In a break with its long tradition of endorsing Republicans, The Cincinnati Enquirer has endorsed Hillary Clinton for President.
The Enquirer published its endorsement on September 23, 2016. Acknowledging this year’s break from its staunchly Republican past, the editorial board said:
The Enquirer has supported Republicans for president for almost a century – a tradition this editorial board doesn’t take lightly. But this is not a traditional race, and these are not traditional times. Our country needs calm, thoughtful leadership to deal with the challenges we face at home and abroad. We need a leader who will bring out the best in all Americans, not the worst.
That’s why there is only one choice when we elect a president in November: Hillary Clinton.
Clinton’s track record of governing starkly contrasts with Trump’s total lack of experience in government, says the Enquirer.
As senator of New York, she earned respect in Congress by working across the aisle and crafting bills with conservative lawmakers. She helped 9/11 first responders get the care they needed after suffering health effects from their time at Ground Zero, and helped expand health care and family leave for military families. Clinton has spent more than 40 years fighting for women’s and children’s rights. As first lady, she unsuccessfully fought for universal health care but helped to create the Children’s Health Insurance Program that provides health care to more than 8 million kids today. She has been a proponent of closing the gender wage gap and has stood up for LGBT rights domestically and internationally, including advocating for marriage equality.
By contrast, the Enquirer calls Trump “a clear and present danger to our country:”
Trump has no foreign policy experience, and the fact that he doesn’t recognize it – instead insisting that, “I know more about ISIS than the generals do” – is even more troubling. His wild threats to blow Iranian ships out of the water if they make rude gestures at U.S. ships is just the type of reckless, cowboy diplomacy Americans should fear from a Trump presidency. Clinton has been criticized for being overly cautious when it comes to sending our troops into battle, but there is a measured way to react to the world’s problems. Do we really want someone in charge of our military and nuclear codes who has an impulse control problem? The fact that so many top military and national security officials are not supporting Trump speaks volumes.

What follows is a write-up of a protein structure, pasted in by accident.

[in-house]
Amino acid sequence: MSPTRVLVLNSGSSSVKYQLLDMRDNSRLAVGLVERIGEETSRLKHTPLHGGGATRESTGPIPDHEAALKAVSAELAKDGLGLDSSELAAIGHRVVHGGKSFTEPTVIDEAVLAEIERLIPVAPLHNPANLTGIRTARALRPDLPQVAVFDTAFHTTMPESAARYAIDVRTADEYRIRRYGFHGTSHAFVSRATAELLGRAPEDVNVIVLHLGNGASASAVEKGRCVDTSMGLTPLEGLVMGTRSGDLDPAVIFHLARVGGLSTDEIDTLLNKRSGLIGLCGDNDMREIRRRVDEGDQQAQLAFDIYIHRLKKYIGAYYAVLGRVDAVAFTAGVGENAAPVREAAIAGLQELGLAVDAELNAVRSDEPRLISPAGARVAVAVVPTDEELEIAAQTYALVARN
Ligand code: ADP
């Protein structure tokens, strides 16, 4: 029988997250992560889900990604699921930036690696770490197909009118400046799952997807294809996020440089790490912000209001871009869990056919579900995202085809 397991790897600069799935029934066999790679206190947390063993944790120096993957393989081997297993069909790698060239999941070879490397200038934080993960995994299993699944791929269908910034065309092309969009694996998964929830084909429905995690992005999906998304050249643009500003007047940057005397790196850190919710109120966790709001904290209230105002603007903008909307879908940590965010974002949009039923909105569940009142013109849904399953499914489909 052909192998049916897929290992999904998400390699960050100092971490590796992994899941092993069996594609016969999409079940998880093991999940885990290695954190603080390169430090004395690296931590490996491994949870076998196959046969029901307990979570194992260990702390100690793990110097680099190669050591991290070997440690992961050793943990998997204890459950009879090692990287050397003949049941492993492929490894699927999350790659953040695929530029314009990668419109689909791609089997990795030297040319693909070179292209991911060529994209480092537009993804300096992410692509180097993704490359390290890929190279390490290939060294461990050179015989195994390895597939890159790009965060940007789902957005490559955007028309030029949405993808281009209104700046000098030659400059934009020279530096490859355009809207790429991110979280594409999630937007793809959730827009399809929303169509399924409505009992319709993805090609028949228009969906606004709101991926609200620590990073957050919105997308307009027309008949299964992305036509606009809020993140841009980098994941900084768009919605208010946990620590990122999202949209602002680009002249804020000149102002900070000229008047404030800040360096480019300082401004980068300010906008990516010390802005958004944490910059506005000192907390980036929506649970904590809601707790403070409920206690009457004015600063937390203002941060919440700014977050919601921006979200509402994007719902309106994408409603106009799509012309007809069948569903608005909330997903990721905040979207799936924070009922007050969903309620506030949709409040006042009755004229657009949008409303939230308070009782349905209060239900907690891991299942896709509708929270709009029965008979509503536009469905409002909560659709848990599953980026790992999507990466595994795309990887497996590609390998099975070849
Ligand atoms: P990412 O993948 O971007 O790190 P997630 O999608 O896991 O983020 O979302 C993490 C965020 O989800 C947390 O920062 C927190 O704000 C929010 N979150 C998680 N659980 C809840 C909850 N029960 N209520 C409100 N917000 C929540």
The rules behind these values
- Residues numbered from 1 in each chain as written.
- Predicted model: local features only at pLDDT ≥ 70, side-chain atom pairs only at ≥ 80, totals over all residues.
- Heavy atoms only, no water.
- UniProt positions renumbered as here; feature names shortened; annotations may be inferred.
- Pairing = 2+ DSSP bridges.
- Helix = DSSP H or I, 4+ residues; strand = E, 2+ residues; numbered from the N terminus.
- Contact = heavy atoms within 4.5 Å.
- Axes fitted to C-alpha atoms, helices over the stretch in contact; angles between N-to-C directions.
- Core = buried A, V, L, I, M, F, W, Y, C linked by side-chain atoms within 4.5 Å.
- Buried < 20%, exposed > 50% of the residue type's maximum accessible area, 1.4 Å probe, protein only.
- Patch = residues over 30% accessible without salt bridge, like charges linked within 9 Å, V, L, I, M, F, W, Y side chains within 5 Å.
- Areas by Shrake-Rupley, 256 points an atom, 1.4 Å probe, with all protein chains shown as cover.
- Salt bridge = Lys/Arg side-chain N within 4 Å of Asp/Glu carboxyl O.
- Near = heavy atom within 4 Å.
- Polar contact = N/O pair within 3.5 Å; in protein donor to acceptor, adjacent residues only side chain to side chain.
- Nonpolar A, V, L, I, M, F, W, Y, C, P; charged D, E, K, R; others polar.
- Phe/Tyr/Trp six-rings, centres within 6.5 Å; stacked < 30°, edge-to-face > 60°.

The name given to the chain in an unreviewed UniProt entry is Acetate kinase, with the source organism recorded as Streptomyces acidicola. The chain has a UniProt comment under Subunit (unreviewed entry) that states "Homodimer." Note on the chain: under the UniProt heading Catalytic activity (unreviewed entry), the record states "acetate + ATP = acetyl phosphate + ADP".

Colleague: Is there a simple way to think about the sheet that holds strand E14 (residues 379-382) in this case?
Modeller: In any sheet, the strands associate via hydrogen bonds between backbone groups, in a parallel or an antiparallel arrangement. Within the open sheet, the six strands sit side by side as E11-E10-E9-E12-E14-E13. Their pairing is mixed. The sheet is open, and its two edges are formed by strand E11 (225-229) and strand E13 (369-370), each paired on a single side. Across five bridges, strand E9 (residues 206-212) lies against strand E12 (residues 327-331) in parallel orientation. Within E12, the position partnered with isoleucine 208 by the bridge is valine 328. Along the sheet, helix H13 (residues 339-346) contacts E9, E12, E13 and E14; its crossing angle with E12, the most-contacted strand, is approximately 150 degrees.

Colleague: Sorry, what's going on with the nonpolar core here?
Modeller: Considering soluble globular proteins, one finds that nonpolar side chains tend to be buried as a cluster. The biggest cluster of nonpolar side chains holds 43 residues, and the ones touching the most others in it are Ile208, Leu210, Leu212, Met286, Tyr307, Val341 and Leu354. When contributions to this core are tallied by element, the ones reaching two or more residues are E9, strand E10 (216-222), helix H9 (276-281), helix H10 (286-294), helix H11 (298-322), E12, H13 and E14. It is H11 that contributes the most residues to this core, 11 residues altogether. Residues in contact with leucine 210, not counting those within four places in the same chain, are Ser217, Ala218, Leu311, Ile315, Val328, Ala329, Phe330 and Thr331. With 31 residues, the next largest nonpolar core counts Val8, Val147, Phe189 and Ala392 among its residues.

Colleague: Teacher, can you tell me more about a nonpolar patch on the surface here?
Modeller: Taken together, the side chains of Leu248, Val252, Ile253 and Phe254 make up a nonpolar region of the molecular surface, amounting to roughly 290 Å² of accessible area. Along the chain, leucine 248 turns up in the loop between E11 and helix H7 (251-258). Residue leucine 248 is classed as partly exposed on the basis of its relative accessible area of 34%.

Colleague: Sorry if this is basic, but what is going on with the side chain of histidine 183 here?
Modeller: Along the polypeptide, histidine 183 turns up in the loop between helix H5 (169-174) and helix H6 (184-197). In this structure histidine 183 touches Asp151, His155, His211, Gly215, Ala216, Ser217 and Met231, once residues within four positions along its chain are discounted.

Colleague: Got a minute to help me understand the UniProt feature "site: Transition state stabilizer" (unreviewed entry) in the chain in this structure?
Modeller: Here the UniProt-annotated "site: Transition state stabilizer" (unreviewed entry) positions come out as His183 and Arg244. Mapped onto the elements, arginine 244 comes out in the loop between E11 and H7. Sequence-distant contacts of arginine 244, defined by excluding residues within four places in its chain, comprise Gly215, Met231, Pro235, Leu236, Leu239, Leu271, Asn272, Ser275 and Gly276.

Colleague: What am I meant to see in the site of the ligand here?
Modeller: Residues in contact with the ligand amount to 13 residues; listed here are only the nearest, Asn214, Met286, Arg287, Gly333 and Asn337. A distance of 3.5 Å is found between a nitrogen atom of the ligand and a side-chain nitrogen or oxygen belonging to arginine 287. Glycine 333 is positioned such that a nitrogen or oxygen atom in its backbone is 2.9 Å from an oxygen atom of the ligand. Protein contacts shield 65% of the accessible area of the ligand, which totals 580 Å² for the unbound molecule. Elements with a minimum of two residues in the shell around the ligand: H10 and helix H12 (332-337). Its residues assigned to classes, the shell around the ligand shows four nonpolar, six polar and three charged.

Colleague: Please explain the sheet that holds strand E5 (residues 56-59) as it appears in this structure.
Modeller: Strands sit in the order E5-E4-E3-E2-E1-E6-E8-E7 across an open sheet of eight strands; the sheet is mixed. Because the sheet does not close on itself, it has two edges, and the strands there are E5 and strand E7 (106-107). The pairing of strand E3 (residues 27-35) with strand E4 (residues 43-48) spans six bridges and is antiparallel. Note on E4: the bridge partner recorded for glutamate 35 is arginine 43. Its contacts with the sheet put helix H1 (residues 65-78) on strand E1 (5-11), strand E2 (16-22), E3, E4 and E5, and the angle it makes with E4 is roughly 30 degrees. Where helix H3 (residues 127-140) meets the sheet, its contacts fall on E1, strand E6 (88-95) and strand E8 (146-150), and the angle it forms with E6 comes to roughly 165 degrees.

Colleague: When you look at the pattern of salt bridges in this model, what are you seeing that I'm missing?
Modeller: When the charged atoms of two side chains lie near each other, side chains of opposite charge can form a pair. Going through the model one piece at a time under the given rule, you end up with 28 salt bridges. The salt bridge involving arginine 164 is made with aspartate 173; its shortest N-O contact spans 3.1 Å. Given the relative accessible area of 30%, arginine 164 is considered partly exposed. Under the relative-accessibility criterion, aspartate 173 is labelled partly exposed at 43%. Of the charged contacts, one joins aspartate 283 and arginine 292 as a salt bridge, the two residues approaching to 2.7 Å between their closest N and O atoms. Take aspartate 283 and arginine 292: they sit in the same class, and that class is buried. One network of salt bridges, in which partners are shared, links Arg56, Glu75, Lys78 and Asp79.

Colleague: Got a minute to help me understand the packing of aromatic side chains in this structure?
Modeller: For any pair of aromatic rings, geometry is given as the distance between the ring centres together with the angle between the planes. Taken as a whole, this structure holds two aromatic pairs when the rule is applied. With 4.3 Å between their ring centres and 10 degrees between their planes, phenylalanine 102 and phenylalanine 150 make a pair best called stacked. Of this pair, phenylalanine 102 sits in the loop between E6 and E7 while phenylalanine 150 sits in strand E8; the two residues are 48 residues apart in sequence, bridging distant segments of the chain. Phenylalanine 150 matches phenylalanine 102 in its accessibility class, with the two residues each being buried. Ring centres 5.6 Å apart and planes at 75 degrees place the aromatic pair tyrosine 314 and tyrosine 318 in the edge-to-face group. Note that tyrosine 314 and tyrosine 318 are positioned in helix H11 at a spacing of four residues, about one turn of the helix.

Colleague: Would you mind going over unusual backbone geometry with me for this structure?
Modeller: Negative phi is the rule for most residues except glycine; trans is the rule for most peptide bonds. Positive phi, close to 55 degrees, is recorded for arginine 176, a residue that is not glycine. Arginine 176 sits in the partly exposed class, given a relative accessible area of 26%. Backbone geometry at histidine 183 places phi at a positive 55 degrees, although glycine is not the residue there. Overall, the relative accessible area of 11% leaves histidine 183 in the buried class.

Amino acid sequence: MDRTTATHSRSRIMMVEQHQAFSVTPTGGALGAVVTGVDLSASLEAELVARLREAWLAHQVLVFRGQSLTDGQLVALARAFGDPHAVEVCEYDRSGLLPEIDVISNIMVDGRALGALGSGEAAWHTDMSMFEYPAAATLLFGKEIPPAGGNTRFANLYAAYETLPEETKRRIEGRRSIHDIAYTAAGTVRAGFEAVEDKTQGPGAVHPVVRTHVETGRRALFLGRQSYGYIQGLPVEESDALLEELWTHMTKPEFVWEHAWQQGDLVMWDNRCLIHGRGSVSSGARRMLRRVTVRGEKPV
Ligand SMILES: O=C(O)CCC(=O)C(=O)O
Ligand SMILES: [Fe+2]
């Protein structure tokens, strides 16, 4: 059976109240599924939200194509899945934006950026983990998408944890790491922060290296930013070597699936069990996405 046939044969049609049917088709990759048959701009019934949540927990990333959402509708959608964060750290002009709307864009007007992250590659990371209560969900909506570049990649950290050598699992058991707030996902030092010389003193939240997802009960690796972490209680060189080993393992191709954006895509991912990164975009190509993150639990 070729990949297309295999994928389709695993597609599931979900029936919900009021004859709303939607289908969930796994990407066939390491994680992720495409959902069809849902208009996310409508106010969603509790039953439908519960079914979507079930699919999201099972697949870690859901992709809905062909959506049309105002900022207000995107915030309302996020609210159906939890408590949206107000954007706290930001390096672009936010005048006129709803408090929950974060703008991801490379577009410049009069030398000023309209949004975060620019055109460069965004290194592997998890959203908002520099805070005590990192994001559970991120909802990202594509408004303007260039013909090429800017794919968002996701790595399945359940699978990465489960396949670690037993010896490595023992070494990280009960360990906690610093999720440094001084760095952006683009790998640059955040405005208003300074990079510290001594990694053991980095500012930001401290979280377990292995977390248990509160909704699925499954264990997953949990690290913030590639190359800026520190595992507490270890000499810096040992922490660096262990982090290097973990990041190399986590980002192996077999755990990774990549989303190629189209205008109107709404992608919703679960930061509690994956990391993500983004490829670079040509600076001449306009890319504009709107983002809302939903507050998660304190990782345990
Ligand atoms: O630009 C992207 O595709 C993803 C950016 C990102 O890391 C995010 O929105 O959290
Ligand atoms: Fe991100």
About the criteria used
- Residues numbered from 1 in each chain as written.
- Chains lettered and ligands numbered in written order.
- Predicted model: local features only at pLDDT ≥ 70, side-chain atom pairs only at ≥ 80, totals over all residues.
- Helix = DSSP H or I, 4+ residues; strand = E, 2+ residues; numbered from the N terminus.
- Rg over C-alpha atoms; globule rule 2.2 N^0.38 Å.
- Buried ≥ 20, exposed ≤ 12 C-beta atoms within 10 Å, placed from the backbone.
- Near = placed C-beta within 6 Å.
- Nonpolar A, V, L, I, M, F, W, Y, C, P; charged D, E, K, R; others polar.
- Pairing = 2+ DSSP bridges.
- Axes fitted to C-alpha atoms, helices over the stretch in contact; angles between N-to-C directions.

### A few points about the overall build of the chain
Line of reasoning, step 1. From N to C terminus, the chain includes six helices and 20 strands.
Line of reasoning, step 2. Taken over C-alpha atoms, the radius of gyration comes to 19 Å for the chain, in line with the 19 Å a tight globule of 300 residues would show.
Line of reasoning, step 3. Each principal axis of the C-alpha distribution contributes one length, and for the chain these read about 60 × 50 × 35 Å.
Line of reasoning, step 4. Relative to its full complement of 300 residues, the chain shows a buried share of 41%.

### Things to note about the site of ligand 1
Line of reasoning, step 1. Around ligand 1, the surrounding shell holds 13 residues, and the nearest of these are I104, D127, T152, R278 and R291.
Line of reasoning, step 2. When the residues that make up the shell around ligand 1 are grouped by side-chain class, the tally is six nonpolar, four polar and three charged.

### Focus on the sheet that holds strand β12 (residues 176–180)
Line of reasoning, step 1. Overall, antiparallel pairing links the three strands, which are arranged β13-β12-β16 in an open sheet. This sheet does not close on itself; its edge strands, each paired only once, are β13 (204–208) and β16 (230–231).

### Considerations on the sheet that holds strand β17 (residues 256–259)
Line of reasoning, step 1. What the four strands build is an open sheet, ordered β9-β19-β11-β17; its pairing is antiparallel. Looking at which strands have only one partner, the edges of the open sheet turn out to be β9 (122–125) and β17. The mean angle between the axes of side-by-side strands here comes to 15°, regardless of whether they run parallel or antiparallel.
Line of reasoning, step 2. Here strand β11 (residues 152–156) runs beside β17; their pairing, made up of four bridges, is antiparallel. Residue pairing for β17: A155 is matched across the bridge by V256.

And, while acknowledging its reservations about Clinton, the Enquirer adds, “our reservations about Clinton pale in comparison to our fears about Trump.”:
This editorial board has been consistent in its criticism of his policies and temperament beginning with the Republican primary. We’ve condemned his childish insults; offensive remarks to women, Hispanics and African-Americans; and the way he has played on many Americans’ fears and prejudices to further himself politically. Trump brands himself as an outsider untainted by special interests, but we see a man utterly corrupted by self-interest. His narcissistic bid for the presidency is more about making himself great than America. Trump tears our country and many of its people down with his words so that he can build himself up. What else are we left to believe about a man who tells the American public that he alone can fix what ails us?
While Clinton has been relentlessly challenged about her honesty, Trump was the primary propagator of arguably the biggest lie of the past eight years: that Obama wasn’t born in the United States. Trump has played fast and loose with the support of white supremacist groups. He has praised some of our country’s most dangerous enemies – see Vladimir Putin, Kim Jong Un and Saddam Hussein – while insulting a sitting president, our military generals, a Gold Star family and prisoners of war like Sen. John McCain. Of late, Trump has toned down his divisive rhetoric, sticking to carefully constructed scripts and teleprompters. But going two weeks without saying something misogynistic, racist or xenophobic is hardly a qualification for the most important job in the world. Why should anyone believe that a Trump presidency would look markedly different from his offensive, erratic, stance-shifting presidential campaign?
The editorial board specifically calls out Trump for being “the primary propagator of arguably the biggest lie of the past eight years: that Obama wasn’t born in the United States.” It concludes by saying this:
In these uncertain times, America needs a brave leader, not bravado. Real solutions, not paper-thin promises. A clear eye toward the future, not a cynical appeal to the good old days.
Hillary Clinton has her faults, certainly, but she has spent a lifetime working to improve the lives of Americans both inside and outside of Washington. It’s time to elect the first female U.S. president – not because she’s a woman, but because she’s hands-down the most qualified choice.